MAAS recently acquired an important group of Romance Was Born outfits through the Centre for Fashion 2015 annual appeal. The Museum holds a significant collection of Australian fashion from the early 1800s to the present day. Other fashion designers featured in the MAAS Collection include Christian Dior, Collette Dinnigan, Jenny Kee and Linda Jackson. What is it like to be part of this collection? They are all really amazing designers throughout history to today, so to now be alongside them is incredible. But I think the best part is that we have been chosen to represent the industry now — and that is a huge honour. Along with a selection of your garments, MAAS has acquired documentation and stage sets relating to these pieces. Why is it important to include these as well? What we do isn’t just about the clothes — we also put an enormous amount of effort into the way we showcase the collection and the collaborators we bring in. It’s nice to have that acknowledged and recorded, as collaboration is a huge part of our practice. The first Romance Was Born garment that MAAS acquired was your Iced Vovo dress in 2009. Can you tell us the story behind its design and production? That collection was inspired by the idea of old ladies having a tea party under the sea. It was kind of a tribute collection to our nannas, our memories of visiting them and what they mean to us now. Anna had a strong recollection of Iced Vovos; we made a few test runs of the Vovo dress to get the size right and our friend Nella volunteered to make the pompoms. It was a very fun time in our career; we felt free and had no commercial restrictions … and never 19
(Opposite, top) Rainbow Reflections of Oz, Cooee Couture collection, Spring/Summer 2015; (bottom) Iced Vovo dress (2009).
Do you have a favourite piece in your own archives? From the same collection, Doilies and Pearls, Oysters and Shells, there is an octopus bonnet; again it was a silly doodle I had drawn one day when I was bored and I thought it was cute, so we got our friend Erin to crochet one. It was a joke but like the construction of the Iced Vovo dress, we took it very seriously. Erin stopped in all the time to test the size, check if the tentacles were too long and whether the suckers were the correct size, and so on. We also tracked down the same polyester ribbon thread that nannas use to cover coat hangers, which is another little reference from the time. It has a bag it rests in so it doesn’t stretch out of shape (under instruction from MAAS curator Glynis Jones); again, it comes from a time when we were having so much fun, and nothing felt too outrageous — in fact it was the opposite … and a stupid idea was a good idea. That collection was so well received by media and buyers — I think of the crazy ideas and it makes us feel really happy that people got it. This year Romance Was Born joined the first ambassadors for MAAS Centre for Fashion. What has been a highlight so far? As fashion ambassadors we had a fabulous night with Australian fashion icons Jenny Kee and Linda Jackson for an ‘in conversation’ event at the Powerhouse as a part of Sydney Design 2015 and the Centre for Fashion. You work with many creatives on aspects of the design, production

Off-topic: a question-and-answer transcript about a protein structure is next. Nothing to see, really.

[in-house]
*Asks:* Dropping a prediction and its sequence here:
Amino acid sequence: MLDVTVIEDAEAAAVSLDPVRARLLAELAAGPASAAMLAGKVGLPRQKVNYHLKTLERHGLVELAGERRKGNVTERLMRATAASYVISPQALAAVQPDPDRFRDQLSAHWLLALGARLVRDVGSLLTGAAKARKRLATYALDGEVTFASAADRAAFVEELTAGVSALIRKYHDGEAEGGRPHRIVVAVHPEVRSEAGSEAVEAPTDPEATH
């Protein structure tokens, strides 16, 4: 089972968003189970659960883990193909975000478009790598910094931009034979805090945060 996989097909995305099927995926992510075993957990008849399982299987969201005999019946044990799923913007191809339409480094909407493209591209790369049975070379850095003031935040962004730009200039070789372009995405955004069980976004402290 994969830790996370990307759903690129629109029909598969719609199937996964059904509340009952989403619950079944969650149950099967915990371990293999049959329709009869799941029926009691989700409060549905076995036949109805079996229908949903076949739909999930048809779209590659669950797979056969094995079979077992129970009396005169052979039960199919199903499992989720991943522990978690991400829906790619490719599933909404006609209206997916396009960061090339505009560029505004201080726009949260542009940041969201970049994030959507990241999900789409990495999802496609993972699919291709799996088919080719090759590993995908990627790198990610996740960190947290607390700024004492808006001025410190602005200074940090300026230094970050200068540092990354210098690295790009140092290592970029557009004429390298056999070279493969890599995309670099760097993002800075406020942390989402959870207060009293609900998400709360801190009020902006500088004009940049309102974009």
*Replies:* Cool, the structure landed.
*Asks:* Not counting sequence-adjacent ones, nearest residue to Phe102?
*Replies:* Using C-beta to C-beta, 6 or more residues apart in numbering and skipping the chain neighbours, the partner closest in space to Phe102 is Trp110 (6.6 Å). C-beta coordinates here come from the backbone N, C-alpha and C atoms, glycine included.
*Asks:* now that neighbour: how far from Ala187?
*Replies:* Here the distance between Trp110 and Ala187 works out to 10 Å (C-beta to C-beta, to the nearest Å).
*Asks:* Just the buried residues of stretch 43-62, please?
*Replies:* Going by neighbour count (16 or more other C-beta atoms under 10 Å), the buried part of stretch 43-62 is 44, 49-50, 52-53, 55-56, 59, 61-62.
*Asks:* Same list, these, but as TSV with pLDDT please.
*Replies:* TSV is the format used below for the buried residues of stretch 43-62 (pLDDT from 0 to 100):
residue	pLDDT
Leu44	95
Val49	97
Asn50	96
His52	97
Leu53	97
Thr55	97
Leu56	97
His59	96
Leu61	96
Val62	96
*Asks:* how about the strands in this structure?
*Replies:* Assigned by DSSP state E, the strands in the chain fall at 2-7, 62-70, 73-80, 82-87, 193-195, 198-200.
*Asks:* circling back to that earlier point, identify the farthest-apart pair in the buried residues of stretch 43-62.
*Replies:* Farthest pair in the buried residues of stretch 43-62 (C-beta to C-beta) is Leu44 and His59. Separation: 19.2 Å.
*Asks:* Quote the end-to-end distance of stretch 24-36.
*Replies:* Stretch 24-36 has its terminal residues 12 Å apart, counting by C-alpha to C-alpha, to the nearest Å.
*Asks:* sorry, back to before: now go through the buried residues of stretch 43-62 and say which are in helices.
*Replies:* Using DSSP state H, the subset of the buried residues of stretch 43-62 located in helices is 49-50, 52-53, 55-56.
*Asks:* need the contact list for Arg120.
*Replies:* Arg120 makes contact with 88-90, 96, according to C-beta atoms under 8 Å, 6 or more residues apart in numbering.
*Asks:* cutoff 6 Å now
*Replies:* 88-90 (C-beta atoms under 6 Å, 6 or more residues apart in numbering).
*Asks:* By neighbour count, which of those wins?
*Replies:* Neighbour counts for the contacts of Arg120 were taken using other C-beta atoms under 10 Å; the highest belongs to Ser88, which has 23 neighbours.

and presentation of your collections. Why is this process so important to your label? Is there one collaboration that stands out? This is something we have done from the start of our label; it always felt natural, and we work well to a brief … otherwise the ideas are endless. Linda Jackson was our most recent collaboration and it feels like the most genuine collaboration we have done — she was very hands-on with the printing and the painting of the fabric. She stayed up late sewing with us and she was so emotional at the show that we knew she was as excited as we were. It was so lovely to get to know her better and now to call her a dear friend. Again we were just thinking of being creative and making something beautiful and it was a really nice collection to work on because of all this. Can you tell us about why you were drawn to the work of Linda Jackson and Jenny Kee? I think Anna and I try to evoke this spirit of fashion that you don’t see much anymore in fashion these days. This is something Linda’s and Jenny’s work always captured for us. Other more obvious reasons are that the freedom and expression in their work was something we ourselves have always been so drawn to. They made a huge impact on our cultural landscape and that’s something we’ve strived for too. The fashion industry is one of the world’s most competitive and demanding businesses. How do you manage the creative and commercial sides of your label? It’s been a huge learning curve for us and I think we’re only starting to get our heads around it; we used to resist and pretend we didn’t need to be part of it, but when we see people wearing our clothes on the
PHOTOS BY (TOP TO BOTTOM) LUCAS DAWSON; RYAN HERNANDEZ, MAAS
in a million years would we have thought our Vovo dress would end up in the MAAS collection. It was really just a joke, but a lot of our good ideas start off as a joke — like our brand name, for example.